$34B merger to potentially trigger hiring in Rochester

October 15, 2018 09:52 PM

Company executives, and New York U.S. Senator Chuck Schumer insisted Monday that the proposed merger between technology contractors Harris Corporation and L3 Technologies would result in no job losses in Rochester. 

They say it could spur new hiring instead.

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"Overall, we'll be growing our presence and looking for new talent and additional talent in Rochester," declared Dana Mehnert, president of Harris' communications systems segment.

On Sunday, the two companies announced plans to link up in what press materials described as an all-stock 'merger of equals.' 

The merger would create a $34 billion company and America's 6th biggest military contractor, one poised to rival traditional titans like Lockheed Martin and General Dynamics in the competition for large military contracts.

The combined company was to be named L3 Harris Technologies.

"The combination of the two companies will be a stronger competitors, so we will win more business," Mehnert told News10NBC on Monday. "That will give us the potential, I think, to grow our businesses even more quickly than we would have been able to do." 

Melbourne Florida-based Harris employs more than 3,500 workers at its communications and space technology facilities in Rochester while New York City-based L3 has 140 employees developing satellite-ground communications at a plant in Victor.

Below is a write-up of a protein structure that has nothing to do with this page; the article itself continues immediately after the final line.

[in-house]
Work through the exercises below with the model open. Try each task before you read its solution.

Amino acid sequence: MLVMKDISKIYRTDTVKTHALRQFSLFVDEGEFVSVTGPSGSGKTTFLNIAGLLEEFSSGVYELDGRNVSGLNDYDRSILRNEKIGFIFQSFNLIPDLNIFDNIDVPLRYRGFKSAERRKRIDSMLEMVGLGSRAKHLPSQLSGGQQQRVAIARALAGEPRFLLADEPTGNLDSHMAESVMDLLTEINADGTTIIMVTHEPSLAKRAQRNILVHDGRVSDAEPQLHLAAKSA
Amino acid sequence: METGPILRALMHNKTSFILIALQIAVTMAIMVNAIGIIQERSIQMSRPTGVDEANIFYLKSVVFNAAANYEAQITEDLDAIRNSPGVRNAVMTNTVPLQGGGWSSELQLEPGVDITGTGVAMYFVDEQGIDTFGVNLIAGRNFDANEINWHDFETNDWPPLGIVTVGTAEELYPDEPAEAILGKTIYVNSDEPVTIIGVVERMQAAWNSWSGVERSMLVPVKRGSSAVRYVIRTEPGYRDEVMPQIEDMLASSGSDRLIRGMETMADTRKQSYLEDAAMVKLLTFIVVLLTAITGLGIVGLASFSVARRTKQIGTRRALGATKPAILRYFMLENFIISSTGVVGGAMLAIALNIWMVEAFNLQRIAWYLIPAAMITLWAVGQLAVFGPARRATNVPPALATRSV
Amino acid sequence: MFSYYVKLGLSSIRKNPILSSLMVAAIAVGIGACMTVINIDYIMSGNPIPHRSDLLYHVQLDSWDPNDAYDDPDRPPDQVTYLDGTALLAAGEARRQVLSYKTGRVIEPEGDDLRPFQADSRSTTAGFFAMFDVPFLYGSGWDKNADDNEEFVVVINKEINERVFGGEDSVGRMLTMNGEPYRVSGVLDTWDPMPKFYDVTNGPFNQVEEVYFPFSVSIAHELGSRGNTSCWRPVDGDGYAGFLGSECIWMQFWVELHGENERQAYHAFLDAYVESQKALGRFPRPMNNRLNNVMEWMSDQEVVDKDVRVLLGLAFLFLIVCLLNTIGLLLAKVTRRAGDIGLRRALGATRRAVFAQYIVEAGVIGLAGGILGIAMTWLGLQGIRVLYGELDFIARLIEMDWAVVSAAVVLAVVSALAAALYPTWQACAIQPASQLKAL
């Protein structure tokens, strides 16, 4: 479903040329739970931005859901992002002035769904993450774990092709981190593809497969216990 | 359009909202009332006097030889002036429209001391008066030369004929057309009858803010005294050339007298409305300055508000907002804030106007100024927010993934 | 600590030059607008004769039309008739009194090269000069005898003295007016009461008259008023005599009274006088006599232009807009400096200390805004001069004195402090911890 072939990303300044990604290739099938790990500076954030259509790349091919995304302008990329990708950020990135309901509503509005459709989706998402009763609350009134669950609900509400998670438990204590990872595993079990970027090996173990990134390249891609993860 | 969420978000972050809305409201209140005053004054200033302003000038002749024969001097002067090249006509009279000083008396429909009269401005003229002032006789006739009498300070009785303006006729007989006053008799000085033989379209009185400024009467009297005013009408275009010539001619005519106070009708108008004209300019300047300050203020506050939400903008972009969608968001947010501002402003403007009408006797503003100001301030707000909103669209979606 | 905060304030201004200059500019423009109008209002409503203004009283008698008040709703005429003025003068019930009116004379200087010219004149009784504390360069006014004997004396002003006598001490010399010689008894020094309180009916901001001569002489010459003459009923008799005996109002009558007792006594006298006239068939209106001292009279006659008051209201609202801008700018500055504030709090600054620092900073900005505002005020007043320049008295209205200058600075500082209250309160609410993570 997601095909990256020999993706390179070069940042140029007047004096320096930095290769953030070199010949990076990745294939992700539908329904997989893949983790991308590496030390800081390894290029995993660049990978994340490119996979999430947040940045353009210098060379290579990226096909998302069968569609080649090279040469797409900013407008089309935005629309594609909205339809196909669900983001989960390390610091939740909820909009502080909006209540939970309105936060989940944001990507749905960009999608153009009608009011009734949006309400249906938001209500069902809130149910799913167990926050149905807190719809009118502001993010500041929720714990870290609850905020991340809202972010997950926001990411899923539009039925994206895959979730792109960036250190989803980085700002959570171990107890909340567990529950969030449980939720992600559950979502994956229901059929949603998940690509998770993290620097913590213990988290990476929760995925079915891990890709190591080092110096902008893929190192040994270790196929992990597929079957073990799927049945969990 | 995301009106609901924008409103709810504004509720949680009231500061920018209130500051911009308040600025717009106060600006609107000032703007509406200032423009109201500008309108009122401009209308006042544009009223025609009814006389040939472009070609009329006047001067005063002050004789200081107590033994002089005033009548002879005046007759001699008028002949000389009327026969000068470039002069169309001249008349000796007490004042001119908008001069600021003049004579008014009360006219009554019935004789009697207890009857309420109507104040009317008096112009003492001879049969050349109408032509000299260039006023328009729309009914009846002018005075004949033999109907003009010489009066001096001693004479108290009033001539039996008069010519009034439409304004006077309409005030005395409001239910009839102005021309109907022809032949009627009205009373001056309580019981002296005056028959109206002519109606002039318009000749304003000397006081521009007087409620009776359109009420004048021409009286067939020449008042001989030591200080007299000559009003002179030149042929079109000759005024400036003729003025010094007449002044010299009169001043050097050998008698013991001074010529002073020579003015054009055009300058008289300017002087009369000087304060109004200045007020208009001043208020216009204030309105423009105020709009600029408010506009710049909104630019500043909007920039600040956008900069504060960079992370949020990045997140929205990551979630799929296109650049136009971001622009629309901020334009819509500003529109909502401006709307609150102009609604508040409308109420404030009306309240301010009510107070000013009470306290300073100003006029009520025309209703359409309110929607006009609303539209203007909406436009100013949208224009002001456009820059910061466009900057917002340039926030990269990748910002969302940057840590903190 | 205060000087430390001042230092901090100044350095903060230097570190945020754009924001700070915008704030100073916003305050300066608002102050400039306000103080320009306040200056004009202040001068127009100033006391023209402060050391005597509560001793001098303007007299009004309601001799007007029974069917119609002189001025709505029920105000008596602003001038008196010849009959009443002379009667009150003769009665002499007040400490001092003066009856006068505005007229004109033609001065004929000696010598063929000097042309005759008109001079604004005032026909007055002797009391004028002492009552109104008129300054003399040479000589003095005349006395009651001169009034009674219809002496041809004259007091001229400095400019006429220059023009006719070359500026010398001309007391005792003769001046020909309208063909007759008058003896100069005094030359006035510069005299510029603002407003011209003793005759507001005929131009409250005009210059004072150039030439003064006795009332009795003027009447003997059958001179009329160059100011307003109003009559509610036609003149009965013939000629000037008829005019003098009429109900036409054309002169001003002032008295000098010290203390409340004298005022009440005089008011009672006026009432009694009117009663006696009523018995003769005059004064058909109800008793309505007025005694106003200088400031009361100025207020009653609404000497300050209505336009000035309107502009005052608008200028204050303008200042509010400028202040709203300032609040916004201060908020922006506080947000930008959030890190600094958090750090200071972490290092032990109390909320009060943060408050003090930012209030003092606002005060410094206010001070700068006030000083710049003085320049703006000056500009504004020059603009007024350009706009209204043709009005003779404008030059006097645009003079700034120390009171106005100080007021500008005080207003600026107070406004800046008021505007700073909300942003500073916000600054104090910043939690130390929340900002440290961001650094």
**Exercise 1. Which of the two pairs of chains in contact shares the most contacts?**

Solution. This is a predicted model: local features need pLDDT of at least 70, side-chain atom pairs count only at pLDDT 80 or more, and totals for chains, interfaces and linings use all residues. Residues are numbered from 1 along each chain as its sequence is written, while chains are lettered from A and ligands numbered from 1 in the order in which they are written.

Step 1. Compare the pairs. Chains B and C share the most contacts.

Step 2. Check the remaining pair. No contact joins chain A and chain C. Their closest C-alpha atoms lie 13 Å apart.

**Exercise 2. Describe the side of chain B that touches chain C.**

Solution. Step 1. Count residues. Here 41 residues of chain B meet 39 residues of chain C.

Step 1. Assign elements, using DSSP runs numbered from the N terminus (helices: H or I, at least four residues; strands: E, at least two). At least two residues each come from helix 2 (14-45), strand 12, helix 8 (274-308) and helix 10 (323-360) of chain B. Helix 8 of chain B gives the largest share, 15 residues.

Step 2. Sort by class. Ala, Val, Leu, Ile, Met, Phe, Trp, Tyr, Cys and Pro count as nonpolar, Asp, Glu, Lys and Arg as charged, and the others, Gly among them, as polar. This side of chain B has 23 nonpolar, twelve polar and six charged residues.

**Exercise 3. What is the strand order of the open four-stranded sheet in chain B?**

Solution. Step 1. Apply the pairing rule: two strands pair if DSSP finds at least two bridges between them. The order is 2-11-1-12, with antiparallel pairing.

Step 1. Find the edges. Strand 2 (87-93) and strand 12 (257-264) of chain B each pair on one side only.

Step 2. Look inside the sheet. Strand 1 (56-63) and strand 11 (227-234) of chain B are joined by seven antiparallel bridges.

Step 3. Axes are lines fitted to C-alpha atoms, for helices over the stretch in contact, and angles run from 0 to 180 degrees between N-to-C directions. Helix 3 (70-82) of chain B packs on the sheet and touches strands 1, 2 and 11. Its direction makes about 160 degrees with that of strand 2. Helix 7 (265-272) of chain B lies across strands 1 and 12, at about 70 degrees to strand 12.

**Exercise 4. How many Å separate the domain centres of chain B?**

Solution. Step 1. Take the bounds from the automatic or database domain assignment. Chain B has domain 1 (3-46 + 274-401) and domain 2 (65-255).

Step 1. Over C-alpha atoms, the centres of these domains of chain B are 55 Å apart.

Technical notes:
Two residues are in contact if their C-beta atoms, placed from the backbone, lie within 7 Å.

On Monday, Senator Schumer announced he had conferred with Harris CEO William Brown who, Schumer said, reassured him the merger would trigger no job reductions, either at Harris in Rochester or L3 in Victor.

"In fact," Schumer added, "he said there's a good chance for growth. And he doesn't want to make it public but there are a few things they are thinking of doing that would expand job growth here in Rochester for Harris."

The notion of Harris expanding and doing more hiring was encouraging for Maria Richart, director of Career Services at the Rochester Institute of Technology.

"Harris is really one of our top, number one, employers," she said, "especially for College of Engineering and our College Engineering Technology."

Twice a year, Richard recounted, Harris would routinely hold hiring events seeking candidates skilled in technology. 

She cited an informal survey on LinkedIn which showed that, over the years, more than 1,000 RIT students or graduates had been hired or did training at Harris. 

"More opportunities," she exclaimed. "More opportunities for students in other majors, not just computing, but maybe some students in the business school or even more research opportunities would be awesome."

Mehnert anticipated minimal overlap in the two companies' specialties, one reason executives said there would be little to no need for job eliminations.  

While Harris' communications field largely concentrated on ground communications, L3 focused more on communications in the air and in space, he said.  

The new company, he predicted, would be able to integrate broad, complementary fields of expertise in ways the Pentagon would find extremely valuable. 
"It's not just bringing a widget or a product to them," he said. "It's 'how do you understand their mission? How do you give them a complete solution?' We'll be in a much better position to do that across the air domain, the ground domain, surface domain, the undersea domain, and in space."

Conditional upon approval by federal regulators, and company stockholders, the companies predicted the merger would be completed by mid 2019.


Charles Molineaux

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